Monday, March 3, 2014

Let them be Little?!

This week, I have already experienced one of the most *precious* moments in a student's life! To introduce this wonderful moment of truth, I first have a confession.

I didn't want to teach fifth grade. Many of you already know this about me. I convinced myself that I could do it because I taught fourth grade last year. I always said, the two grades I NEVER. EVER. wanted to teach were kindergarten and fifth. Kinders are too babyish and fifth graders are too growny! Still, when given the opportunity this year to teach fifth, I knew they were really little kids at heart and that they wanted to have just as much fun as those little kiddos!!! I convinced myself that I would be the fifth grade teacher that kept those babies CHILDREN! After all, they want to grow up way too fast now-a-days!!! I knew that parents would love my take on keeping their children engaged in their childhood innocence. After all, they are still ELEMENTARY students. That was my plan, keep them children, let them enjoy their childhood!

While reading in Where the Red Fern Grows, my school phone rang and it was an early dismissal. I HATE GETTING INTERRUPTED WHILE I"M READING...and my class knows this very well! I told the student to go ahead and pack up and head to the office and have a great day. While he packed up, I continued reading and my students were they always are when I read...a little sarcasm here because this is also always really close to our recess time! No one but me saw this encounter take place and even the two boys that were a part of it, have no idea the impression they made on me that day! The student who was being dismissed early left the class, but before he shut the door behind him, stepped back inside and gave me a look of hesitation and then put his hand on another student's shoulder in our class that sits very near to the door. He then said in such a soft whisper that I didn't hear him but was able to read his lips..."I hope your brother feels better soon." He turned and responded with thanks and the early dismissal left the classroom.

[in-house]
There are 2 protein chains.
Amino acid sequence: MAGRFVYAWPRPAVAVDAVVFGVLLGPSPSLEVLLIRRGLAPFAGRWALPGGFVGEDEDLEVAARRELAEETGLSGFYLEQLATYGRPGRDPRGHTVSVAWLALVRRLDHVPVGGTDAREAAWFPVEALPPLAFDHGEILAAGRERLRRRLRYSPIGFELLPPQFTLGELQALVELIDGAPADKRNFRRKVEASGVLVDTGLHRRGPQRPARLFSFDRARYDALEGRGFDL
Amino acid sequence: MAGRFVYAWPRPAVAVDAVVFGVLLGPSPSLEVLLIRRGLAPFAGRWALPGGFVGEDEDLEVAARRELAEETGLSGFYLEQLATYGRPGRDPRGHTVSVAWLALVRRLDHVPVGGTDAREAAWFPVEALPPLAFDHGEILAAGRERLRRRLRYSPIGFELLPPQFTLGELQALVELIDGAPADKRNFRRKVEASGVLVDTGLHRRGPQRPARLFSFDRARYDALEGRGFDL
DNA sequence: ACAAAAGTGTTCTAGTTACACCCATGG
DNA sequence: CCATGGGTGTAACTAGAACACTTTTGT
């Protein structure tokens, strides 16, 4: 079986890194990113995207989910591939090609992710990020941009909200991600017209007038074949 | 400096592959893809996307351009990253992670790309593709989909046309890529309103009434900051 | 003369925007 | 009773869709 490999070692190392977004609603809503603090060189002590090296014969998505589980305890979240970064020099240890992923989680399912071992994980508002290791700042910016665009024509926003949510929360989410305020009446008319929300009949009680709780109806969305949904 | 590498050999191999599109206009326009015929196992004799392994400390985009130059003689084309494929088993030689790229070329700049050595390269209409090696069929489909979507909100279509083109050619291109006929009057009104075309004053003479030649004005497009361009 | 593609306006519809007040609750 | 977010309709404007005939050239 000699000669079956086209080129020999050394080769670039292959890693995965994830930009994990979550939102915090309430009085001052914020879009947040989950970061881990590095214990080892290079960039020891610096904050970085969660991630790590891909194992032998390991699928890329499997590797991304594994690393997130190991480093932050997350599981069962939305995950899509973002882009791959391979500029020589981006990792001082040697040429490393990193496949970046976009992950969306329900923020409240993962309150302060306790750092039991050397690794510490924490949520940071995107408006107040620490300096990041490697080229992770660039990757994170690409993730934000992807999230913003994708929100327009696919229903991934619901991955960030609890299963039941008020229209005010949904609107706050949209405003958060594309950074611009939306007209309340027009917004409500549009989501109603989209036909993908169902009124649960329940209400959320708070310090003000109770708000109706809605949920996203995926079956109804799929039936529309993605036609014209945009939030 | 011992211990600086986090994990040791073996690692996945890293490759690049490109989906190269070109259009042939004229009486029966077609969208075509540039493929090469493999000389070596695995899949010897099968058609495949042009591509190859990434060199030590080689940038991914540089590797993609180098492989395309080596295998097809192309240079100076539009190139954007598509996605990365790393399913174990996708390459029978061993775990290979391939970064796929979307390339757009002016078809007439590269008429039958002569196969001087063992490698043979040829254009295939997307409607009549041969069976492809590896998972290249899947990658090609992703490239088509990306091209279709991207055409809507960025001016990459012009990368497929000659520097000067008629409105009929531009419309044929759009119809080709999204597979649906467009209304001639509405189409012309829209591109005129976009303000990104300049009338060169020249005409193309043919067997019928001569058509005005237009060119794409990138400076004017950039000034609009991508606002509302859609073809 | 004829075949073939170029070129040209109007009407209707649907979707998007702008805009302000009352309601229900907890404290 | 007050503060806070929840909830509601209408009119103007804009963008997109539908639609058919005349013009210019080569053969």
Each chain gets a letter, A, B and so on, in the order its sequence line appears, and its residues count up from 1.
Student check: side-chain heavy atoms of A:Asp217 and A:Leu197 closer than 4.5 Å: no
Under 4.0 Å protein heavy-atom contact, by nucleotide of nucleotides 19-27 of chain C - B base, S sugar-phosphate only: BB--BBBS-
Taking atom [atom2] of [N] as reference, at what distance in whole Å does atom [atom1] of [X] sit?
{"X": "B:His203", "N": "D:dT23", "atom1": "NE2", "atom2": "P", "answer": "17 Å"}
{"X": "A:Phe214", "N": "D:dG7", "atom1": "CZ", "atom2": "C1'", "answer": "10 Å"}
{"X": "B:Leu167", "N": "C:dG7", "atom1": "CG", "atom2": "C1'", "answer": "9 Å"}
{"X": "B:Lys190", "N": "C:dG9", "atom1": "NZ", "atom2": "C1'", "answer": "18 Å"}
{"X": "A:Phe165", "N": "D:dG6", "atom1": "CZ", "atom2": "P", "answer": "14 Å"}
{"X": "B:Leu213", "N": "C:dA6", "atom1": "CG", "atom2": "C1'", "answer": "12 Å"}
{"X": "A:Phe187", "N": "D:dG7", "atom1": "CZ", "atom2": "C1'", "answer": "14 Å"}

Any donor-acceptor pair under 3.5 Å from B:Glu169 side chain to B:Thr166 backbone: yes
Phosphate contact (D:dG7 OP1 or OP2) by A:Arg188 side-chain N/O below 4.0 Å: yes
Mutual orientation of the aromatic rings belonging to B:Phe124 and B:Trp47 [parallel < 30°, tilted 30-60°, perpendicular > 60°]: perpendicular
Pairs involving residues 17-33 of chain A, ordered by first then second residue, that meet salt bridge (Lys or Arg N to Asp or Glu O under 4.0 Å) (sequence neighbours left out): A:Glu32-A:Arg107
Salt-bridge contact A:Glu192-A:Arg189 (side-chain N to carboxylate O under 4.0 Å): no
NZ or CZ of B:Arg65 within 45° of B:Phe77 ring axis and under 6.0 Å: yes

The one student's 6th grade brother was diagnosed with bone cancer this week and he was very worried about his brother.
This may not seem like much of a story to you, but as I sat in my director's chair in the center of the class and witnessed the care and expression of the boy being dismissed early...a boy in who I would have NEVER expected this...a boy in who had no desire for anyone to notice him or even know that he was talking..I was met with a moment of truth. The boy who took the time to come back in and express his concern changed that day in a way that he doesn't even realize, in a way that petrified me when I thought of fifth graders. In that moment, he went from being a childlike boy to being a supportive young man.
The wonderful truth about fifth grade is that they are children...but they are in the process of becoming young men and young women. I'm proud to be a fifth grade teacher this year and experience such a vital part of their "growing-up". I no longer resolve to keeping them children, but rather determine to show them how to be young men and young women.
May God help us set good examples before them each day!

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